1971 Porsche 917K Pilots: R. Attwood, H. Müller Team: John Weyer Automotive Engineering Race: 2nd overall (S 5.0 class) at Le Mans in 1971 Minichamps - 400716119 (diecast)
Porsche 917K #23 (06/15/18):
Porsche’s first foray at Le mans was in 1951, already with the mentality that improvements created for the race cars could transfer to their passenger cars. But with time the manufacturer turned it’s sights to an overall victory. However, up to the 60’s, Porsche cars were more suited for fast and nimble tracks, and the necessary production of a minimum of 50 cars hampered the brand’s commitment to develop a car specifically for Le Mans. Finally, in 1969 the rule changed: a manufacturer only needed to produce 25 cars for homologation purposes. So with less than ten months to go before the 1969 24 Hours of Le Mans, Porsche started working on a completely new engine and a suitable chassis.
The chassis was a tubular frame, basically the same one used for the 908, but made of aluminum instead of steel to save weight. The suspension was composed of fully independent wishbones, with titanium coil springs. The engine was an all new flat-12 with 4.5 l and DOHC that produced a massive 580 hp. It had a Bosch fuel injection system and was air-cooled, with a big fan fitted on top.
The project was rushed, and when the car debuted in 1969, it was a disaster. Three cars entered the race, but none finished; in fact, one crashed in the first lap and the pilot John Woolfe died. The car needed a solution, so for 1970 Porsche decided to leave the 917 program to private teams. These teams (Martini Racing, JWA Gulf Racing and Porsche Salzburg) received full factory-support. And with input from them, engineers developed a shorter tail section and the 917K was born – and the car was good! So on June 14th, 1970, after a race full of accidents because of the torrential rain, the 917K #23 crossed the line in first place, bringing Porsche the coveted Le Mans win.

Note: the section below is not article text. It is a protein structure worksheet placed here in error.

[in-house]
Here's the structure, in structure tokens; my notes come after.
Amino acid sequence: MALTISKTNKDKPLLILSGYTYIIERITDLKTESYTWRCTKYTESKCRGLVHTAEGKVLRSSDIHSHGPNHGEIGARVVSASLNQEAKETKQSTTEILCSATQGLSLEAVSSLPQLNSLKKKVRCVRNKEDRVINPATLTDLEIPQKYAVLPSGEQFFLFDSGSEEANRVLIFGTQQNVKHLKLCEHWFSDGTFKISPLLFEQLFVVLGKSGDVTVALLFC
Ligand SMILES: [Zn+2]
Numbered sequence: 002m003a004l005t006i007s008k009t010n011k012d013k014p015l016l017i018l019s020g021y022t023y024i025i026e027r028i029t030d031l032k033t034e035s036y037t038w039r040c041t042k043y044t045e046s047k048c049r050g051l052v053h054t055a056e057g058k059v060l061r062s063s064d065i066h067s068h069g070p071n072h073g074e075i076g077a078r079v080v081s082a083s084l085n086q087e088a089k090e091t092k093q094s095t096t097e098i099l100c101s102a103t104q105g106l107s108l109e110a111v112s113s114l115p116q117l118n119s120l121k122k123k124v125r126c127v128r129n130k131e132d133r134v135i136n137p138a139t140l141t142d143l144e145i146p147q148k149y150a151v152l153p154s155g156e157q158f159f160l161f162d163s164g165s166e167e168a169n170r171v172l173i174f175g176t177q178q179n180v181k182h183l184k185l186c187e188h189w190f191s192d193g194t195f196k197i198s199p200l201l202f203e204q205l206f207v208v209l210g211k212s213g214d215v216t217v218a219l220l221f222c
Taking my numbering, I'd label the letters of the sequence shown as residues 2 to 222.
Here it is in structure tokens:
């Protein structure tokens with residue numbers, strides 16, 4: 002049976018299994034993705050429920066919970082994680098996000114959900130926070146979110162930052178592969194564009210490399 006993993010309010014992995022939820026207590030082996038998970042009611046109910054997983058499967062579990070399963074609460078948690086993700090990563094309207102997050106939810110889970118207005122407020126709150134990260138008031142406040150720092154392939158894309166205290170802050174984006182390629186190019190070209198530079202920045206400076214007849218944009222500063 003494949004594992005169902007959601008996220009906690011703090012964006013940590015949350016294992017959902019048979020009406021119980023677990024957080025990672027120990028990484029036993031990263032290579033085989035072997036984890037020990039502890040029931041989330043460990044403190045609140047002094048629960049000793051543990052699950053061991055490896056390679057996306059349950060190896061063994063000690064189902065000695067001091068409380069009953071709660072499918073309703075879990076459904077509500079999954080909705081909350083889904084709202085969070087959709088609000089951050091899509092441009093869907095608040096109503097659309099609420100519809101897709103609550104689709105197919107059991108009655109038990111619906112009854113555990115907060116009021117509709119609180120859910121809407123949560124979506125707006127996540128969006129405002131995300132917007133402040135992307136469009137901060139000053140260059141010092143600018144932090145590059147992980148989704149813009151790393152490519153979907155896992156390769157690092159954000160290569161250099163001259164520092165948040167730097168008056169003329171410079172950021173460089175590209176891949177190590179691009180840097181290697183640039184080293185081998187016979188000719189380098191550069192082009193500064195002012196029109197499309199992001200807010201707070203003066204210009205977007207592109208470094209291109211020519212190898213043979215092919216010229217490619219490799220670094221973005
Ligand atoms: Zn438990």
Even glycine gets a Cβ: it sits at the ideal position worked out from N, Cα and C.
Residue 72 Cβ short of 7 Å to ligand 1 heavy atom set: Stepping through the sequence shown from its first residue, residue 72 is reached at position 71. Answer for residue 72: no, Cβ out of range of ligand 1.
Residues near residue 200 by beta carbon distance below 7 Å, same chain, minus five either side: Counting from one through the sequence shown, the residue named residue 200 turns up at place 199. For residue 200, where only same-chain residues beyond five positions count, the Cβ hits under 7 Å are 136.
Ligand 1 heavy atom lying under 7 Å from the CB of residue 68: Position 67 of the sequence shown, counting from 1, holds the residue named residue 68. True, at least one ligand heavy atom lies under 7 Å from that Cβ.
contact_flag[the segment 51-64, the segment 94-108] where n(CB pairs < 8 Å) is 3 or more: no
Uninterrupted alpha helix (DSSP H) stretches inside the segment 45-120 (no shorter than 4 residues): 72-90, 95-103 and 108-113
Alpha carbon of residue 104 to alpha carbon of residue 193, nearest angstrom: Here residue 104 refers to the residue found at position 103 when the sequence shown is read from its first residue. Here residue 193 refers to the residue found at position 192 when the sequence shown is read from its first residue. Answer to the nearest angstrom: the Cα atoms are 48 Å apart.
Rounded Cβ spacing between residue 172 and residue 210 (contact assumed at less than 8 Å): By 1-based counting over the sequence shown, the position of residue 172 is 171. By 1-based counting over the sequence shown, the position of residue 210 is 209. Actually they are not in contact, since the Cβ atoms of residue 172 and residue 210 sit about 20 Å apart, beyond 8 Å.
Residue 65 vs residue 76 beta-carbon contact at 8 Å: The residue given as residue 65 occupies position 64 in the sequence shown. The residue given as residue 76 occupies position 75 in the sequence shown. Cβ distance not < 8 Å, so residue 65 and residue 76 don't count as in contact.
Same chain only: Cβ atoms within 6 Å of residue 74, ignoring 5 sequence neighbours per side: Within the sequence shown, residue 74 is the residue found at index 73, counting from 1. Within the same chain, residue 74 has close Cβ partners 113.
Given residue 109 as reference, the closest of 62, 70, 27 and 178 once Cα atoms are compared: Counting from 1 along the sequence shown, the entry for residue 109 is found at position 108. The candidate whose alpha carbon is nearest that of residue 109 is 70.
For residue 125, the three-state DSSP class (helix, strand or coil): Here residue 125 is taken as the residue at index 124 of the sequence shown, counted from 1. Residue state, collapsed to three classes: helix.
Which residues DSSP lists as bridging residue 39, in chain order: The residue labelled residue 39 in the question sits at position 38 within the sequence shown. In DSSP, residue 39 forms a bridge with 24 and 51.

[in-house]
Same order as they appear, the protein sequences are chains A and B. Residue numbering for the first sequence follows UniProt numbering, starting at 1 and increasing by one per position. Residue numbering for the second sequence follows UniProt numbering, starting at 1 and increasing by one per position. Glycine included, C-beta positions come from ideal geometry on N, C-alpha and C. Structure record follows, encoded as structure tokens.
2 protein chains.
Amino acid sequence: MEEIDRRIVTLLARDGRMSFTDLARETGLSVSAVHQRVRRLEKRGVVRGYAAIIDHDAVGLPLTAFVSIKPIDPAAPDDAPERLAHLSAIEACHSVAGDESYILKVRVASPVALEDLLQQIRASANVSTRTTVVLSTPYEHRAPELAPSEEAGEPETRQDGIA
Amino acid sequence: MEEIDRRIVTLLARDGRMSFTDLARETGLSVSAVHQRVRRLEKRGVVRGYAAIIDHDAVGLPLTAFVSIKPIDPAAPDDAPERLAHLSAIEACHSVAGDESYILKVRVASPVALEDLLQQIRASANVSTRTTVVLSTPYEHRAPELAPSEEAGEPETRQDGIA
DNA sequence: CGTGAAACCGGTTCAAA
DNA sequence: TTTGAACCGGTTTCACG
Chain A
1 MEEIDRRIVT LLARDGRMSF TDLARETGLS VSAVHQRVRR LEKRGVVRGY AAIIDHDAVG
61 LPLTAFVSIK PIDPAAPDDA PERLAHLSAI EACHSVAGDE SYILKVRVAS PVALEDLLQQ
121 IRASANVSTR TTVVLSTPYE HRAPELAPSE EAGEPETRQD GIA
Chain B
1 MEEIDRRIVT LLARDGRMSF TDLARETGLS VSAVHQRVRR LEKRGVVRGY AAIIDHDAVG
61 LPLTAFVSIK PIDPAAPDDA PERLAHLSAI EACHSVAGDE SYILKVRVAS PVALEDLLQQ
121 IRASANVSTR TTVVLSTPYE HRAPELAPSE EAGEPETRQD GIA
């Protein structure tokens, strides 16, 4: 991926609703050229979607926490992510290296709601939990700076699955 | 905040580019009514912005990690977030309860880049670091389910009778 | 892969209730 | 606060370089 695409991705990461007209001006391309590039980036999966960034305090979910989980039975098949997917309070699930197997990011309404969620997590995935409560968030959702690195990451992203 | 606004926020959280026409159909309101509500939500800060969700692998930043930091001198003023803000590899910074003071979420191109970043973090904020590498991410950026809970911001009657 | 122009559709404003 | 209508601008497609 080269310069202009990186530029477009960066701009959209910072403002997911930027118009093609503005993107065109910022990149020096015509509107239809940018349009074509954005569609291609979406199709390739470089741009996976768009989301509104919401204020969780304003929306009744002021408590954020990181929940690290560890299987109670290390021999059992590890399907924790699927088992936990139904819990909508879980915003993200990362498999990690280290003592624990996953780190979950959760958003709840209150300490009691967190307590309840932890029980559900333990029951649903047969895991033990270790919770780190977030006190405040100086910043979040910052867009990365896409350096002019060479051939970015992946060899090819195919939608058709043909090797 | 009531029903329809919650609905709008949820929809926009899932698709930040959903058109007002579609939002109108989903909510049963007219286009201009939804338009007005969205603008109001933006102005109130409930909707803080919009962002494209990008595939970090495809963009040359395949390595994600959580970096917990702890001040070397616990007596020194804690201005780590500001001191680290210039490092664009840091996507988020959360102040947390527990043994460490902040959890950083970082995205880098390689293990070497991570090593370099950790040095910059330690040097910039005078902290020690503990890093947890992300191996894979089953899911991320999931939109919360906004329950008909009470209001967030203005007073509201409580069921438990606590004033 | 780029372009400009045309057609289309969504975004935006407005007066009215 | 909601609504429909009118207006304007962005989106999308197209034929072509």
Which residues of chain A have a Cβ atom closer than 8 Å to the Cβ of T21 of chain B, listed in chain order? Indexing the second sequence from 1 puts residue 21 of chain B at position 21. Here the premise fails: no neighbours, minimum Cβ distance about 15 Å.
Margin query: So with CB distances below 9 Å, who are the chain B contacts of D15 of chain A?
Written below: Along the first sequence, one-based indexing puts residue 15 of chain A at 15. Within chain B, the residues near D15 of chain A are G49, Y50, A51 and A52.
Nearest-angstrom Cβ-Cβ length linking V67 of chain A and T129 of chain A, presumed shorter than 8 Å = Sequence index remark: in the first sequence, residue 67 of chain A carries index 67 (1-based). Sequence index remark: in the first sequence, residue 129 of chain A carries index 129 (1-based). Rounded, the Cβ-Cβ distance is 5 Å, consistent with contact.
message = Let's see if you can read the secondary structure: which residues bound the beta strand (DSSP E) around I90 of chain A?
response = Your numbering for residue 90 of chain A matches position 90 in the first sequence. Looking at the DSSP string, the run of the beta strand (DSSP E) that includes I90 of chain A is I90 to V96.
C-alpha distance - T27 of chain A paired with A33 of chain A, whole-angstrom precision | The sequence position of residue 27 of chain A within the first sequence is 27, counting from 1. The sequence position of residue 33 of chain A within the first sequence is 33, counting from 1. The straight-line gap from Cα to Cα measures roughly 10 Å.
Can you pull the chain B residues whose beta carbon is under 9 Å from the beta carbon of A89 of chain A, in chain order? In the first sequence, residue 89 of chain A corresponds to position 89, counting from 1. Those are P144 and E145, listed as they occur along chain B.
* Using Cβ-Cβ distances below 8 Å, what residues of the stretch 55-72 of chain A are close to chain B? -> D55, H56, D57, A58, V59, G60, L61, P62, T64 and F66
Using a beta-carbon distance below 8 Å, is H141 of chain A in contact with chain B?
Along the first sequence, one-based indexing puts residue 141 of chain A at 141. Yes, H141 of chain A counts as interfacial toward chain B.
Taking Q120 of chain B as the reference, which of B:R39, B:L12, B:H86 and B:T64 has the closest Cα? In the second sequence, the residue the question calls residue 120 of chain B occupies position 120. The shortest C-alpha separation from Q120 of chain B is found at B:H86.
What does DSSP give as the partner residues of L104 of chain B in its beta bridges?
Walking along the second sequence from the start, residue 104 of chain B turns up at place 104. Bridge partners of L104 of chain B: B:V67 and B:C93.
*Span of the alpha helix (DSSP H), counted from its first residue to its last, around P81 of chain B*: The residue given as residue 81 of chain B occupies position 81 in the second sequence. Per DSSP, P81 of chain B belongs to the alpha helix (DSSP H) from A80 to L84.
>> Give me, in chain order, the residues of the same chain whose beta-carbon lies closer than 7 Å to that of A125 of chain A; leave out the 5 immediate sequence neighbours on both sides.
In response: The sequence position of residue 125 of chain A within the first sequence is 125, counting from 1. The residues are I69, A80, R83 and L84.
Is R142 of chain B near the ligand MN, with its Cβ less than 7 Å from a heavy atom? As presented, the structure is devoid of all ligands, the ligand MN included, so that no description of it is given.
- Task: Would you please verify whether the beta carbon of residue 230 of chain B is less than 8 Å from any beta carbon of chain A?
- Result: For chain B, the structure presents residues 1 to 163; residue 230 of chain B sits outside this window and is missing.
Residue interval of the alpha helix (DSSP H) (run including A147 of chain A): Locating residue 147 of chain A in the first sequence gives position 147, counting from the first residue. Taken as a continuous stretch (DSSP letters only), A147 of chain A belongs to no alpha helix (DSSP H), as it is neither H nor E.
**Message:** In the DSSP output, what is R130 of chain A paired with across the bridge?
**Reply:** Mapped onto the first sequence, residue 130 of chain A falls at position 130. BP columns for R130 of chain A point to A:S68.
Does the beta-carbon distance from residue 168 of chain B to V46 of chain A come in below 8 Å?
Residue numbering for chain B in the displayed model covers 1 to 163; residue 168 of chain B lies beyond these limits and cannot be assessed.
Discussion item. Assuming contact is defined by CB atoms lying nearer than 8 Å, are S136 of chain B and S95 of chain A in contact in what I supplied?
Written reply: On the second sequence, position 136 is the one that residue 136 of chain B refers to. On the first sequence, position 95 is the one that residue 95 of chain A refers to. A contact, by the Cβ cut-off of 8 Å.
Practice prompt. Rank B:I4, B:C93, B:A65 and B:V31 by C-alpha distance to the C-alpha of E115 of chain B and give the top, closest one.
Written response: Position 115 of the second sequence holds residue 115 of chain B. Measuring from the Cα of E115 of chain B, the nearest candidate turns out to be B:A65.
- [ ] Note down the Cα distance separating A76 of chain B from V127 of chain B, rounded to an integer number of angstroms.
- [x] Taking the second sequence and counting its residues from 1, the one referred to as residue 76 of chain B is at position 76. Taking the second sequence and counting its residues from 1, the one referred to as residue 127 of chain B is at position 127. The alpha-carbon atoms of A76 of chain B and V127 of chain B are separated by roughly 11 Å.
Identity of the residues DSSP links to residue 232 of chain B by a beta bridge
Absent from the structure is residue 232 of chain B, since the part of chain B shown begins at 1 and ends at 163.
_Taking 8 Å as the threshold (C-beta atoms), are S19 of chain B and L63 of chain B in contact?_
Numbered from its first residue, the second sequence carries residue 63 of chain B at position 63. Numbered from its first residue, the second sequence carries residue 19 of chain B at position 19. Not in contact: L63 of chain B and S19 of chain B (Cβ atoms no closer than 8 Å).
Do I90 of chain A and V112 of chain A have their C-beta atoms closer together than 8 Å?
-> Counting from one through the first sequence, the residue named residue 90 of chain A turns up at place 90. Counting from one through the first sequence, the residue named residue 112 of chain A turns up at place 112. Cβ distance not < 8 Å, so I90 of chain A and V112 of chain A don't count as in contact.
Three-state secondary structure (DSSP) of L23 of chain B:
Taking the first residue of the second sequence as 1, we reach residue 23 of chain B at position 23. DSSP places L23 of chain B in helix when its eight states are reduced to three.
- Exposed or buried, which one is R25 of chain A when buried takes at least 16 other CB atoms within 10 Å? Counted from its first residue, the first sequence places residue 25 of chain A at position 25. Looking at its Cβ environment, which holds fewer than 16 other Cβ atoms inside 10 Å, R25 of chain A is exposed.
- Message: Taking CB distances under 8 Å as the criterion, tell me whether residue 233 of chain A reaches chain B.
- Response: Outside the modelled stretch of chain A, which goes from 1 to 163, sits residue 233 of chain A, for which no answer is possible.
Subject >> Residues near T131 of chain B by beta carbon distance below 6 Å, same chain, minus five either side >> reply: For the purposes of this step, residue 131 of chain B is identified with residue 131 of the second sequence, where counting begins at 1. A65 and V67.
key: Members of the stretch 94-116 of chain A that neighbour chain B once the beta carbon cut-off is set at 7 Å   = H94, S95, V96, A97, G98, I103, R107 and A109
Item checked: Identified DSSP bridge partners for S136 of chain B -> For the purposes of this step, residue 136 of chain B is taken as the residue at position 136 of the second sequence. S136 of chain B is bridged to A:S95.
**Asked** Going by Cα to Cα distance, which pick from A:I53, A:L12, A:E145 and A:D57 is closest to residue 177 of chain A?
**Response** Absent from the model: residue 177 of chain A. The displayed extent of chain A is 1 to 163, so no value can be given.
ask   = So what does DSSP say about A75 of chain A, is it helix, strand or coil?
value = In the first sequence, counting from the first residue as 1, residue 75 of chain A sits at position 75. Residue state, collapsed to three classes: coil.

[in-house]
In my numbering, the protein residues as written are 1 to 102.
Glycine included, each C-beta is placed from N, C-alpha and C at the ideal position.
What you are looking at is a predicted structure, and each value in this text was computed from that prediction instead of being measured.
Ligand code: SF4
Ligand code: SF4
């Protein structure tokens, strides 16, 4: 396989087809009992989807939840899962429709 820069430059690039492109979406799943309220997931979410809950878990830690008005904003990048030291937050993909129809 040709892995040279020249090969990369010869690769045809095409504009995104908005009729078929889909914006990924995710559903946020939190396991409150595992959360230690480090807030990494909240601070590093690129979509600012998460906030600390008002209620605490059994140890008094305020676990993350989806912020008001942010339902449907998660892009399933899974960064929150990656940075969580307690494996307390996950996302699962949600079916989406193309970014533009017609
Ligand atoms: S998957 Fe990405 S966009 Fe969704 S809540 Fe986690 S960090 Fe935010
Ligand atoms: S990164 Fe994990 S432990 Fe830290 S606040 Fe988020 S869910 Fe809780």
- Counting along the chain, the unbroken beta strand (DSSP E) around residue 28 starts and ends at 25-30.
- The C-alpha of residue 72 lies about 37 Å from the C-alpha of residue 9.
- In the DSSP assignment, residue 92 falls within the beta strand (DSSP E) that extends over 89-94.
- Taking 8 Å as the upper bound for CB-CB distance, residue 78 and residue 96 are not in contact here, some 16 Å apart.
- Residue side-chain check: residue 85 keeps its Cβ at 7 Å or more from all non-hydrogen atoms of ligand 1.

For the following year, the 917 was back at La Sarthe, but with upgraded aerodynamics and engine. The engine was the same 4494 cm³ flat-12 though expanded to 4907 cm³ of displacement. Both of Porsche’s “factory” teams (Martini Racing and JWA Engineering) were betting on the 917LH as the real contender. To their surprise, however, none of the Langheck cars made it to the finish line. The John Weyer team had three cars in the race, two 917LH and one 917K. The 917K #19 was their only car to finish the race, just two laps behind the winning Martini 917K #22.
Being one of the most beautiful race cars to ever grace La Sarthe, I needed more 917s in the Garage. And this one, in Gulf colors, is not exactly easy to find. I only got one because the Vicar of Northumberland was kind enough to be a middleman in an eBay deal for me. All in all, very nice model from Minichamps. Unfortunately though, it looks like it will also have some decal issues in the future 🤨.